Friday, December 25, 2009

Feliz Navidad!

An empty nest, removed from children and grandchildren, most of my friends, most of my favorite relatives, all coincided this Christmas. Yet my pity party was cut short, when I saw the sweetest thing today and in a sense the most heartbreaking. I was on my way to see my 88 year old mother who is in a nursing home in Bayamon. I had passed el tunel de Minnillas, passed La Kennedy, and had hopped on route 22 which heads towards Arecibo. I was on the far right lane, going fast. The speed was unknown since the speedometer in this borrowed car was broken, so I was pretty much keeping up with traffic.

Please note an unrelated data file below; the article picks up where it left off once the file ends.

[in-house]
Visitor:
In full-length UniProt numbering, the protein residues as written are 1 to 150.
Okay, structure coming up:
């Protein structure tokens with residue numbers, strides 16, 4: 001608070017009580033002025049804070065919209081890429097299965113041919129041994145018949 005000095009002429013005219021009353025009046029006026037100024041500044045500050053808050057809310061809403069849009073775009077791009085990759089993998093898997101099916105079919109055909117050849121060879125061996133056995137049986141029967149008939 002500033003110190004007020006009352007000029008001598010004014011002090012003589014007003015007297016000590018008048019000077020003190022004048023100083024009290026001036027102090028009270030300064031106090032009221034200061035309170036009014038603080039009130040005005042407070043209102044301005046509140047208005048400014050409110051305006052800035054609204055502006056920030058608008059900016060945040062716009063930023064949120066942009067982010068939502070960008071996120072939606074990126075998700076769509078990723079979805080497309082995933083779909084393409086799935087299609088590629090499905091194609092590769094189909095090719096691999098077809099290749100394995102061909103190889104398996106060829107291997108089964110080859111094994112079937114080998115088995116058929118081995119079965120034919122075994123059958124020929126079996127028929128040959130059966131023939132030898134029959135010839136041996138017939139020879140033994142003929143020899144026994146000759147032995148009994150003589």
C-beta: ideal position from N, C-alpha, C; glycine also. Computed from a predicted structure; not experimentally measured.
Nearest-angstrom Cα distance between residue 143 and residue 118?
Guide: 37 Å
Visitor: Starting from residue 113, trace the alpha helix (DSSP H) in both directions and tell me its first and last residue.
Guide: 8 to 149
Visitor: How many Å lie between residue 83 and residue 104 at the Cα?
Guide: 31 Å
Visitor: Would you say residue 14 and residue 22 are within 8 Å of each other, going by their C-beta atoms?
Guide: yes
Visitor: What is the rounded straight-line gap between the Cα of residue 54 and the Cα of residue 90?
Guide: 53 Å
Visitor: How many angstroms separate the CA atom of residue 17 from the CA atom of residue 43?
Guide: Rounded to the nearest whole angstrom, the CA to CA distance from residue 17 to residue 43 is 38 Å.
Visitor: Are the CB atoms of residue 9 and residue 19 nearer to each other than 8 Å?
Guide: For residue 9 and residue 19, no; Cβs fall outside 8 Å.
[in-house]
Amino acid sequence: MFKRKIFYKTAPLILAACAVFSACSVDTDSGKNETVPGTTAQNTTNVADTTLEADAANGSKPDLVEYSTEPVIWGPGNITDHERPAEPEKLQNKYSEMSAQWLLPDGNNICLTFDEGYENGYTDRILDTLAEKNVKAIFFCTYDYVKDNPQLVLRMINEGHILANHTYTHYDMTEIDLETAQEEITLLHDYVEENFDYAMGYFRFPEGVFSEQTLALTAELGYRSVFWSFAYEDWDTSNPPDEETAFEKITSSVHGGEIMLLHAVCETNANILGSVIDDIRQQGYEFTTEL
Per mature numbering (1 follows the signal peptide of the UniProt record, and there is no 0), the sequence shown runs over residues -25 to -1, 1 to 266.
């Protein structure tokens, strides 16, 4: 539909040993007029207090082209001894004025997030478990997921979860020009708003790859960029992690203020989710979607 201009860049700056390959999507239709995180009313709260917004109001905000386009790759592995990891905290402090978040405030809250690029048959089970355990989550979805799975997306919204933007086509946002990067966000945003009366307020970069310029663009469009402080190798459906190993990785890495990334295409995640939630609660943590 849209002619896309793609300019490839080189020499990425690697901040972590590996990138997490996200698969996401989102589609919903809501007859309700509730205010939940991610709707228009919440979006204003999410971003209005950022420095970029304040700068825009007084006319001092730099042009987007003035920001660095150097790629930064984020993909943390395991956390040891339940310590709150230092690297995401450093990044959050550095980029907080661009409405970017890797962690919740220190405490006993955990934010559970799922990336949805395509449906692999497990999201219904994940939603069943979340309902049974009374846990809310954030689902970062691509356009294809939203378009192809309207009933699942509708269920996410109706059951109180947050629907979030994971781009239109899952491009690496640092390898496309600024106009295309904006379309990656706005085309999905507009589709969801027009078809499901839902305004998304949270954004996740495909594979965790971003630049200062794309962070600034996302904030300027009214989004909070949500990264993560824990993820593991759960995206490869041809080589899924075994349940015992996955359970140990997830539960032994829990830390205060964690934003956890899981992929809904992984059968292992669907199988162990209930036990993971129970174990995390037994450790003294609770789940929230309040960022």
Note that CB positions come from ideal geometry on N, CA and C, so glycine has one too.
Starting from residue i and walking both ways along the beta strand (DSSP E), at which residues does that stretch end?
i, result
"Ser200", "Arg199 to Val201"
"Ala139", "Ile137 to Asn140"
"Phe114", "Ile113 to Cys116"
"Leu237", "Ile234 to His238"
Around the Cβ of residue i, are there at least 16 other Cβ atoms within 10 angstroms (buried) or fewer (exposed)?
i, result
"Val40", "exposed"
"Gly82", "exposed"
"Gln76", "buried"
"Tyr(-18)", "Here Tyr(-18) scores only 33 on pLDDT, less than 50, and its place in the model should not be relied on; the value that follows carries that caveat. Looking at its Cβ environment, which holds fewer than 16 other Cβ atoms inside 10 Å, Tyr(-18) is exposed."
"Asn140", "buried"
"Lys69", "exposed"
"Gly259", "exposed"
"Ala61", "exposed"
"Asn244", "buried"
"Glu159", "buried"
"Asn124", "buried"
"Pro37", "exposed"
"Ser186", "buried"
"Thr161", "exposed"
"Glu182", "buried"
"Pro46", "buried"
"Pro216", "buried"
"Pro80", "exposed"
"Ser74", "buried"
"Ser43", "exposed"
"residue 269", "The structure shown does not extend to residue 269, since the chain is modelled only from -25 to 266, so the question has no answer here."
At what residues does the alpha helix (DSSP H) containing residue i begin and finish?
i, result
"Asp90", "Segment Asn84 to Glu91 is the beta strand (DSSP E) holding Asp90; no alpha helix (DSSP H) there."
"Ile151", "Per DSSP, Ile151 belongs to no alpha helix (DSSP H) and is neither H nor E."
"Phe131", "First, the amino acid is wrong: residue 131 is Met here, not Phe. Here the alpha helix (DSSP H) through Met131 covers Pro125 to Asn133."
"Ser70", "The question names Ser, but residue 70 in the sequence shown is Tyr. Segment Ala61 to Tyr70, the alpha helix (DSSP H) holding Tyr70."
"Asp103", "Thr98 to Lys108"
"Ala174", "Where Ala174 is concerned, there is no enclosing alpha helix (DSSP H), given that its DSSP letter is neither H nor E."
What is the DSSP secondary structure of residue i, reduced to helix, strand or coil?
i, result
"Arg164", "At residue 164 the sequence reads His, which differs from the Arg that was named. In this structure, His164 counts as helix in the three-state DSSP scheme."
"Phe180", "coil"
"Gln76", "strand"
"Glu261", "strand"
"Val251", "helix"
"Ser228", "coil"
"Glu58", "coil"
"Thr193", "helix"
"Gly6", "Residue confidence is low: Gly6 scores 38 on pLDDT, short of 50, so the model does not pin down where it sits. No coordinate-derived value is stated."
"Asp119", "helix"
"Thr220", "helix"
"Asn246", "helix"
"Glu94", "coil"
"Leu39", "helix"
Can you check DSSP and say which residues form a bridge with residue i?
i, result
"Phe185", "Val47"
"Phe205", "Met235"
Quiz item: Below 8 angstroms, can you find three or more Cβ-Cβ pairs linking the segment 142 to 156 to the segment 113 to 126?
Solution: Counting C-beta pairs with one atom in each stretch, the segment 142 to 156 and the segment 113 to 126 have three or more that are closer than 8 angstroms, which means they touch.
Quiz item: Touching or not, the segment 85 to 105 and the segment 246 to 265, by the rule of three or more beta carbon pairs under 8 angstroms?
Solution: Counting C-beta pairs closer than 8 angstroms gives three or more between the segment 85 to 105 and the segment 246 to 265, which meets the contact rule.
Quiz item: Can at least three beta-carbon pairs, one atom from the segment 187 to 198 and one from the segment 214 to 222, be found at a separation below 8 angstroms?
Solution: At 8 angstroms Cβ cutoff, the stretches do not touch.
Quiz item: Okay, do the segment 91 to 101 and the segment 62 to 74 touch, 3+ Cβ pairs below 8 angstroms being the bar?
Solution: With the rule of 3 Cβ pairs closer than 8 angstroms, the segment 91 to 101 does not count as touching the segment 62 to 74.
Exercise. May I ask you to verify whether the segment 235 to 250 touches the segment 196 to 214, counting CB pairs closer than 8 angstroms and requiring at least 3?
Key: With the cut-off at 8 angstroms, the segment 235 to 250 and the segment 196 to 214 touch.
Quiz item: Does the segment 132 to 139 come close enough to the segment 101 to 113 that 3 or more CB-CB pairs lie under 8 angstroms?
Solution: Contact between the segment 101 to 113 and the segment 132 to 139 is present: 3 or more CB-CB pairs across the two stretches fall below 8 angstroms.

Everyone was hurrying to go to someone else's house to deliver presents left at theirs by Santa Claus, when I noticed some people on the side of the road, wearing red and white furred hats. There were two others coming up a small side road pushing a child in a wheel chair. Further ahead I saw perhaps five or six well dressed people, two of which were also wearing the red and white furred hats typical of the festive Christmas season, with their backs turned to the expressway. They were facing a teal and silver high rise building. Waving. At the speed I was going, I couldn't tell if anyone was seeing them, but there had to be or at least they hoped. It was then I realized what they were doing and it pierced my heart as I realized what the teal and silver barred building was. It was the Federal Prison. And the people waving were relatives of inmates there. They may have made mistakes small or large, but they were still loved and valuable. When I thought about the child in the wheelchair wanting to say I love you and wish someone Feliz Navidad, and probably couldn't get closer than this, I gasped as I realized the gift they bore. It was the immensity of their love. A love that took them outside their comfort zone for someone who could not return the favor. I knew then I had love I could bear and someone to receive it and that was enough.